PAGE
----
How Many Fucks Do We Give About How Long A Turn Is?

File this one under Not Really A Big Deal But Irks Me Nonetheless.

I’ve never quite understood the importance of how many second/minutes a turn takes in game time… so I’m curiously asking y’all.

This used to be a major source of debate with my old D&D group (during 3E, mostly) where a couple of players would debate how far their character could walk or run in 6 seconds or how many attacks a good combatant could fire off in 6 seconds. To end the conversation once and for all, I asked one of the players to grab me something from the fridge in the next room. I timed him. When he came back, I told him that took 3.5 turns (aka 21 seconds) and that if anyone ever tried to use this benchmark to bend the game in their favour (which was personally only transferable to spell durations, IMO), I’d petrify their character for as long it took for them to drive down the block and get me Tylenol for my headache.

That ended that conversation. But do YOU (yes, you) feel it’s a relevant part of any game to know how long a turn lasts in the fiction?

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I hate noting more than people trying to say exactly how long a fight took by assuming every round takes exactly six second. I vaguely remember something from the 2e days about how no matter how long a fight went, assume it lasted about five minutes, unless it literally went longer than that.

Its a vague, nebulous thing to give a broad idea of what should be possible, not an absolute where the gods somehow cosmically reckon time in six second increments.

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In B/X, it’s assumed that a full 10 minute turn has passed after combat ends, regardless of how many 10 second rounds it lasted. Or maybe that’s a “clarification” in Old School Essentials. In any case, I’ve never worried too much about it, unless a player wanted to do something clearly unreasonable in 10 seconds. Which has been rare.

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5e: Movement is feet/round, not feet/second. Real life is not in rounds.

Likewise, [combat mode] spell casting times are in Actions, not seconds. Any duration of 1 minute is instantly translated into 10 rounds when used in combat mode and the seconds vanish (otherwise, we’d have to argue about which of the six seconds the spell “went off”.)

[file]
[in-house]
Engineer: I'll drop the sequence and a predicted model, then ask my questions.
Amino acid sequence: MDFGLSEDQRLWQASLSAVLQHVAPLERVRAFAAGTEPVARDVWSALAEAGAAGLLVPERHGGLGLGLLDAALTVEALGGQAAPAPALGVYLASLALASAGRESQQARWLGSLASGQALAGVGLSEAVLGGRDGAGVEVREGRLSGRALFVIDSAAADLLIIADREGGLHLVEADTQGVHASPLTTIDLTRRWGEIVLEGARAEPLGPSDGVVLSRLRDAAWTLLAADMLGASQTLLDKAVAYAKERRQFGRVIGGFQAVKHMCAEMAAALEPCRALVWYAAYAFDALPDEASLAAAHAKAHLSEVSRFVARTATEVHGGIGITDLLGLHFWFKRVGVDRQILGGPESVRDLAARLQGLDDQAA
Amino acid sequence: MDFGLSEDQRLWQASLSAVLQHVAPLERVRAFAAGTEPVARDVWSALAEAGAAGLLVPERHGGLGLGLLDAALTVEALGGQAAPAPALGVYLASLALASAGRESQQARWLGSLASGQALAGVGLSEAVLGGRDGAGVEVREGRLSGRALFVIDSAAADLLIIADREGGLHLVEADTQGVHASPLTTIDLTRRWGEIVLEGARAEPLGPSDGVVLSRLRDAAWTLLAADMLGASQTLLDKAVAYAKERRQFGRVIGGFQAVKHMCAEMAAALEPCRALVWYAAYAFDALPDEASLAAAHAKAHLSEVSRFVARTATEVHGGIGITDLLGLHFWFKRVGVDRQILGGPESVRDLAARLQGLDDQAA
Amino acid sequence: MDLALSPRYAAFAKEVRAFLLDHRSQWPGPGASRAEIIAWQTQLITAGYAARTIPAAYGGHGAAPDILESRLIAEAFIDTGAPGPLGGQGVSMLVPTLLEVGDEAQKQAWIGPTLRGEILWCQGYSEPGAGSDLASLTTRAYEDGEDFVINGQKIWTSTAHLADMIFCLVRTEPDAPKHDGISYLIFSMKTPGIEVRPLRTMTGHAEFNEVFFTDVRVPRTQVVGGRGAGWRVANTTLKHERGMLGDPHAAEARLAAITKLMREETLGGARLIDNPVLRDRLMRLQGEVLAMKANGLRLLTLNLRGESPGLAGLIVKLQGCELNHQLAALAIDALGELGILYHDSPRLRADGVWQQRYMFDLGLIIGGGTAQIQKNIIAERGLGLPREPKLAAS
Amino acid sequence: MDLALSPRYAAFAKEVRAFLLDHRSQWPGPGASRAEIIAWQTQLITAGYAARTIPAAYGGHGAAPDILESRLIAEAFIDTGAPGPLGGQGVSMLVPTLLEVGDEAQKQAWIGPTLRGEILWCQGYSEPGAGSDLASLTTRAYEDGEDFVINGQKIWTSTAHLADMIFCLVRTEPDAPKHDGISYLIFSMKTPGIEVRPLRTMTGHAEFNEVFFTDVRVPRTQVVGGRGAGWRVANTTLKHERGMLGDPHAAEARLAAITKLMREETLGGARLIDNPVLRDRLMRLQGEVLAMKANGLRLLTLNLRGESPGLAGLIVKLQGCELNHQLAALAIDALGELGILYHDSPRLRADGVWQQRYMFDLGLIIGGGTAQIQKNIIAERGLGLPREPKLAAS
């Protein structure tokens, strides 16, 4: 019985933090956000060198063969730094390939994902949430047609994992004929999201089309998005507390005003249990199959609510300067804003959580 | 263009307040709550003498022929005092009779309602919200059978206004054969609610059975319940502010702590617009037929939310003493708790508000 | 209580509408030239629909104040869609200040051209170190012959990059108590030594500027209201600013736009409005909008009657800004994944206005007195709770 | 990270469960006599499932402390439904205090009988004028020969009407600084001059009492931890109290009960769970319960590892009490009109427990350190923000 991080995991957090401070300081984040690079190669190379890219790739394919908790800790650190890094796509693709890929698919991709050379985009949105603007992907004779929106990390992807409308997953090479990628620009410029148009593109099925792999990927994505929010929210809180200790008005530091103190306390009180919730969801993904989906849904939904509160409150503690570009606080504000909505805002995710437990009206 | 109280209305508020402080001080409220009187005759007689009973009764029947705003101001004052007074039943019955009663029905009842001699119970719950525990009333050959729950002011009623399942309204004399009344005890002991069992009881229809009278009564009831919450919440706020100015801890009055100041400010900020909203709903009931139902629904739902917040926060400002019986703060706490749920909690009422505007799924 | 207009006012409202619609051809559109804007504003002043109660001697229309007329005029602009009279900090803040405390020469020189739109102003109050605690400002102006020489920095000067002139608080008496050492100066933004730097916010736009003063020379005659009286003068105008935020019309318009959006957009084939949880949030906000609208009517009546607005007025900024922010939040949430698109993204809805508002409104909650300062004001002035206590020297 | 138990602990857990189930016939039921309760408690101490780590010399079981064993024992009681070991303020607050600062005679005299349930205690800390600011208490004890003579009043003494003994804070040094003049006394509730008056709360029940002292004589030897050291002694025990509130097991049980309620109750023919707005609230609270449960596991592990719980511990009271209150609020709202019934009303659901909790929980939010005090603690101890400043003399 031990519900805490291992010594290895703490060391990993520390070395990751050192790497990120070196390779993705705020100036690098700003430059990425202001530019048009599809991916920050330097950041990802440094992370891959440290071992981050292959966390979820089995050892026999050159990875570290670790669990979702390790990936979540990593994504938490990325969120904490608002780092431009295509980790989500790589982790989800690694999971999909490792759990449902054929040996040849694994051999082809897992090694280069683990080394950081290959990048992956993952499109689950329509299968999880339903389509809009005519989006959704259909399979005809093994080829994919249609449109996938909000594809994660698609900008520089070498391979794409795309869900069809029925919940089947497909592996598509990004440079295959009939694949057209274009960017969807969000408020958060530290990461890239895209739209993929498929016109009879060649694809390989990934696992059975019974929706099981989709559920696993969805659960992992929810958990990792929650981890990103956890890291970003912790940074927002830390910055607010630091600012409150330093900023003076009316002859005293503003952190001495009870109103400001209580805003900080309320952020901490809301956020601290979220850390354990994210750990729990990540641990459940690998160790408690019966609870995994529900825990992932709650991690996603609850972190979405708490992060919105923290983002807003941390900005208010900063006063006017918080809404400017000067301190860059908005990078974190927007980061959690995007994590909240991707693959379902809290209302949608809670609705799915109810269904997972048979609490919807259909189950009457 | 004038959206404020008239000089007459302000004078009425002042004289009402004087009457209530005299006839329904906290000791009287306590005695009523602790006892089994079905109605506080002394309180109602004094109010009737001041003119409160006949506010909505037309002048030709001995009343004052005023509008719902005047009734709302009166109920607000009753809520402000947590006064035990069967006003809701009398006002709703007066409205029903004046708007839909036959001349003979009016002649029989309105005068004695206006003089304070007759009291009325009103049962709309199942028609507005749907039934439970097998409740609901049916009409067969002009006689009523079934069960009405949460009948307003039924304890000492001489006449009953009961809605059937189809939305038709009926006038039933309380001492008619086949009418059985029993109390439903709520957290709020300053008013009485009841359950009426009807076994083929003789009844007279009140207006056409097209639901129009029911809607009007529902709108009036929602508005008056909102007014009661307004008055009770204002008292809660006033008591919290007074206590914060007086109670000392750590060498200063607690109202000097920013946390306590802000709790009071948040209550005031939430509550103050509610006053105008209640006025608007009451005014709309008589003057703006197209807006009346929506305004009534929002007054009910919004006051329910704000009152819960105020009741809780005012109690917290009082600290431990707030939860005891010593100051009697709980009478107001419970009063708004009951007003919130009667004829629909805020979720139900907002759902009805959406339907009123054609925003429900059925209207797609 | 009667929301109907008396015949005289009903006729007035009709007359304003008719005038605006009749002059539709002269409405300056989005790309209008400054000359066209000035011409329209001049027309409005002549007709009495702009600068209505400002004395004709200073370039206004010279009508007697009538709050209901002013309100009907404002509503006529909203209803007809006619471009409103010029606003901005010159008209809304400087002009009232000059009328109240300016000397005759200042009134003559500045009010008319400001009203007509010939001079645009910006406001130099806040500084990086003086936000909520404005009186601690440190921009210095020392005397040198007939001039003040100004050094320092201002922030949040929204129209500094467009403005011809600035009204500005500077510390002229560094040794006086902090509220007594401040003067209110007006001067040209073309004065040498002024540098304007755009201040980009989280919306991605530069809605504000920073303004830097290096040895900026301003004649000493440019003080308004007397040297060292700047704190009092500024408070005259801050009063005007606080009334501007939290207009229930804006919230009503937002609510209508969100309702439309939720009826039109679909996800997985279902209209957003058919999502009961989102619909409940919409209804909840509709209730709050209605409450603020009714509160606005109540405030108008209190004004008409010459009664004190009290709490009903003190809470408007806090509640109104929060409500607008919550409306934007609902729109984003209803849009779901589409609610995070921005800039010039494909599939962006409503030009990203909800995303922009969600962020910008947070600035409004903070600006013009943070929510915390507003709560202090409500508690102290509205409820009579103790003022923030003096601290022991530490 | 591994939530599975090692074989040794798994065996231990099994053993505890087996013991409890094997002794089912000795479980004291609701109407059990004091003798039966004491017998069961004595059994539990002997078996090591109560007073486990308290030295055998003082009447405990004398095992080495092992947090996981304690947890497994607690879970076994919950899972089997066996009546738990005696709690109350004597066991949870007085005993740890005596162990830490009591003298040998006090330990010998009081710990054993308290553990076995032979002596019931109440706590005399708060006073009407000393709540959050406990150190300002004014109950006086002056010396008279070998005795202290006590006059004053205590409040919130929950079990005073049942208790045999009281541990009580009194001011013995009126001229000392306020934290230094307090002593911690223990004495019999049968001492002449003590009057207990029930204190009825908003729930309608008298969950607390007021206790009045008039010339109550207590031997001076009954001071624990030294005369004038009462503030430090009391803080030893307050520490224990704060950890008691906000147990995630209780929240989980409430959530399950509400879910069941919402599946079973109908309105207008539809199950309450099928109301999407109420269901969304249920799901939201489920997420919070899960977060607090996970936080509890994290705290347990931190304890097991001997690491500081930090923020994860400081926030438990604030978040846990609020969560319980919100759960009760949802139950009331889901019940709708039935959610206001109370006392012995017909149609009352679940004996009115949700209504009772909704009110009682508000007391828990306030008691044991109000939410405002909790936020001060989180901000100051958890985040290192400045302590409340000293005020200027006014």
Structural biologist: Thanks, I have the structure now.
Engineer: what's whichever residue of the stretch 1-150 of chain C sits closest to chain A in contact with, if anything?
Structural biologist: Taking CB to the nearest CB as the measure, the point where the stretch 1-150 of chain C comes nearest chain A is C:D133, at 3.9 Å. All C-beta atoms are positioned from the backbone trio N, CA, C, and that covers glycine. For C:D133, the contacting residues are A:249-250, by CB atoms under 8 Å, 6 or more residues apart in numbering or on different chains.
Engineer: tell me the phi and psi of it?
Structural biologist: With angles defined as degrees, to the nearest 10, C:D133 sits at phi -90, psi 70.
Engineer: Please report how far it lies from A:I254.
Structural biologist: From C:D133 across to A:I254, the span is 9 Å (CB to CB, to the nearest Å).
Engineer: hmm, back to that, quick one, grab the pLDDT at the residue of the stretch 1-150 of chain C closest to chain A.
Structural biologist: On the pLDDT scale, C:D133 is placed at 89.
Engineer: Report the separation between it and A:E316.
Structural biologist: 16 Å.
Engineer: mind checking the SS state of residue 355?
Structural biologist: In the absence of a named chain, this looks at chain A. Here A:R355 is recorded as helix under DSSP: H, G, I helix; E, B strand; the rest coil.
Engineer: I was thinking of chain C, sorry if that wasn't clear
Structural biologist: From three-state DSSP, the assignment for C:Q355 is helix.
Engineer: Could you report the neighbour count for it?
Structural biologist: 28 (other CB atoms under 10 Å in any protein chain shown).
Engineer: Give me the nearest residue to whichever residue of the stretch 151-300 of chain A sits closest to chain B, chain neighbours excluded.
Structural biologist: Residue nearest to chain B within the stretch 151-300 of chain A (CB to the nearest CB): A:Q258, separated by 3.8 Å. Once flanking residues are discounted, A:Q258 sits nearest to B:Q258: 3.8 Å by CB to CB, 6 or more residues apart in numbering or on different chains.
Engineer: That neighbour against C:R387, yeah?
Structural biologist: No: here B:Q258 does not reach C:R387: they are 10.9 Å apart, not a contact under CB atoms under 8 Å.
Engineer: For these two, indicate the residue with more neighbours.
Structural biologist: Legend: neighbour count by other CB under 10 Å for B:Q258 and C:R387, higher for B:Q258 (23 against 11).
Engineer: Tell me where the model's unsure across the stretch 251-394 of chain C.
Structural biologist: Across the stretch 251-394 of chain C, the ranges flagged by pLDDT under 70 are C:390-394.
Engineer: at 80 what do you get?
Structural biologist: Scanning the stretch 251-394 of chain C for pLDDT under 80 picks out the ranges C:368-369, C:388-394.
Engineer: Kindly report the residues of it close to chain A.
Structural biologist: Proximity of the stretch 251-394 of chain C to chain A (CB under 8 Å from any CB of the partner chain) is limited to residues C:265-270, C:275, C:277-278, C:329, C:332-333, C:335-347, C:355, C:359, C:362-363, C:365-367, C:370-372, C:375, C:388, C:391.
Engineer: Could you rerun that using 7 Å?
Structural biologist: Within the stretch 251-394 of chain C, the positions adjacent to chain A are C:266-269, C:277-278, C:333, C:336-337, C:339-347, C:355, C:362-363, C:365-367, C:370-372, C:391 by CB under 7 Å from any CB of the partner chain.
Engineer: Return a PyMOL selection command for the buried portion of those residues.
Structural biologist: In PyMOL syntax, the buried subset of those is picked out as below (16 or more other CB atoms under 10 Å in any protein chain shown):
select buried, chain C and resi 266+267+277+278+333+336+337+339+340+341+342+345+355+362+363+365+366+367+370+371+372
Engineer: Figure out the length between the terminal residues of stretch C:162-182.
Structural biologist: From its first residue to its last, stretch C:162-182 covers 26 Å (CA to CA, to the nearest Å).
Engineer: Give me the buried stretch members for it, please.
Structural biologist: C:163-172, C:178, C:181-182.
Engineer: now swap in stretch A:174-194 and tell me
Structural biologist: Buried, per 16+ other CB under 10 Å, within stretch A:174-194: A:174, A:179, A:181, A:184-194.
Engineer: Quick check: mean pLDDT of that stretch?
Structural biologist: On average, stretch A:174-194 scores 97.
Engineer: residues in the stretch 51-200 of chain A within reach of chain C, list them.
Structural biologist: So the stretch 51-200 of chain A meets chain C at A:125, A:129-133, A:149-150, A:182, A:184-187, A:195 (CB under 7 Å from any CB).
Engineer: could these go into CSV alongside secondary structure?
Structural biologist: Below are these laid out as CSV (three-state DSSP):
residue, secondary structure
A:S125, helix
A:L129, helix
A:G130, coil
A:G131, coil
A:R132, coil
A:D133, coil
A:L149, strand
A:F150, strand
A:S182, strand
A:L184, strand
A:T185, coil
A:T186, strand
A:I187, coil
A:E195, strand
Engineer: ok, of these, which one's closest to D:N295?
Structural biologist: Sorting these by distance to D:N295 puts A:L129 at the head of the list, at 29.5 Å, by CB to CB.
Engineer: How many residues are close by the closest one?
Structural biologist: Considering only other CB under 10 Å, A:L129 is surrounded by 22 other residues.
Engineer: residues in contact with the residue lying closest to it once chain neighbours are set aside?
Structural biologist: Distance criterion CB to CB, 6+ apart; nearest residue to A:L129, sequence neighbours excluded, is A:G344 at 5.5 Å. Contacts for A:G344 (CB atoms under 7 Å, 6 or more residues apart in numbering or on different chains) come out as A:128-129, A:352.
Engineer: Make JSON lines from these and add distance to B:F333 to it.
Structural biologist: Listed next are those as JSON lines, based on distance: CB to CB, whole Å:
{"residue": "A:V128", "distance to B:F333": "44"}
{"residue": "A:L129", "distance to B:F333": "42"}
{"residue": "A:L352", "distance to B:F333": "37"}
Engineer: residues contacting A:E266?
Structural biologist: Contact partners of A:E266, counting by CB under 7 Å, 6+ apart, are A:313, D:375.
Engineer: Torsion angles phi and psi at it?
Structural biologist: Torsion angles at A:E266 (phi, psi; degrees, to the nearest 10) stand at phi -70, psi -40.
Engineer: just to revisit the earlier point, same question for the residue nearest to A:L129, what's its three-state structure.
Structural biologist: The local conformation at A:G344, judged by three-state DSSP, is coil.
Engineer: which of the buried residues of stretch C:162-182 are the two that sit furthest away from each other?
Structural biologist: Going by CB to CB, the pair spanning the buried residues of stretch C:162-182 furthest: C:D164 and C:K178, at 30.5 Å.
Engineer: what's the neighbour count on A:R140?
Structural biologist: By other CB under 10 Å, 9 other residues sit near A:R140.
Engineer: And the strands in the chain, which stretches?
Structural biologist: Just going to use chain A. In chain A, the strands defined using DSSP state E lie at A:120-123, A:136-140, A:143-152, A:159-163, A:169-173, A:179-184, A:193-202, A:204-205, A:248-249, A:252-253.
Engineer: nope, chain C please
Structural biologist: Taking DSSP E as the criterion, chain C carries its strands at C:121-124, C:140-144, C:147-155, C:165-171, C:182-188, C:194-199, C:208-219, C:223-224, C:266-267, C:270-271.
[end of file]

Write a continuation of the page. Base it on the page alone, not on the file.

Longer casting times are in minutes/hours/days, but that is considered ritual casting, not combat rounds - so time is the best measure.

I my games the players never talk about seconds, only rounds and actions.

D&D is not, nor has it ever been, simulationist. There are 100s of ways the rules don’t map to “reality” accurately, and thank goodness!

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Zero fucks.

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I’m with @Harrigan - I give Zero fucks about this and I don’t allow such debates in my games.

Biiiiiigggggggg zero!

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I only care when counterpointing someone who tries to do like 6 turns worth of actions in one turn.

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I don’t really worry about it too much. The first time my players got into a fight in my GURPS cyberpunk game, it was a classic fast shootout. When it was done I told them “Well, that was 2 seconds” (GURPS has 1 second rounds). bwahahahahahah.

In Traveller, since we play the 1981 LBB version, all action is considered simultaneous. Each round is 15 seconds. Real simple. I like it. But I don’t stress about how long things take.

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This was where I started my slide towards “zero.” I went from AD&D in the 80s – one round was a whole minute! To GURPS, where it was, as LordBob says… one SECOND!
So now, yeah. It’s as long or short as it needs to be.

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No matter how short the round is by the rules, I always allow a good soliloquy.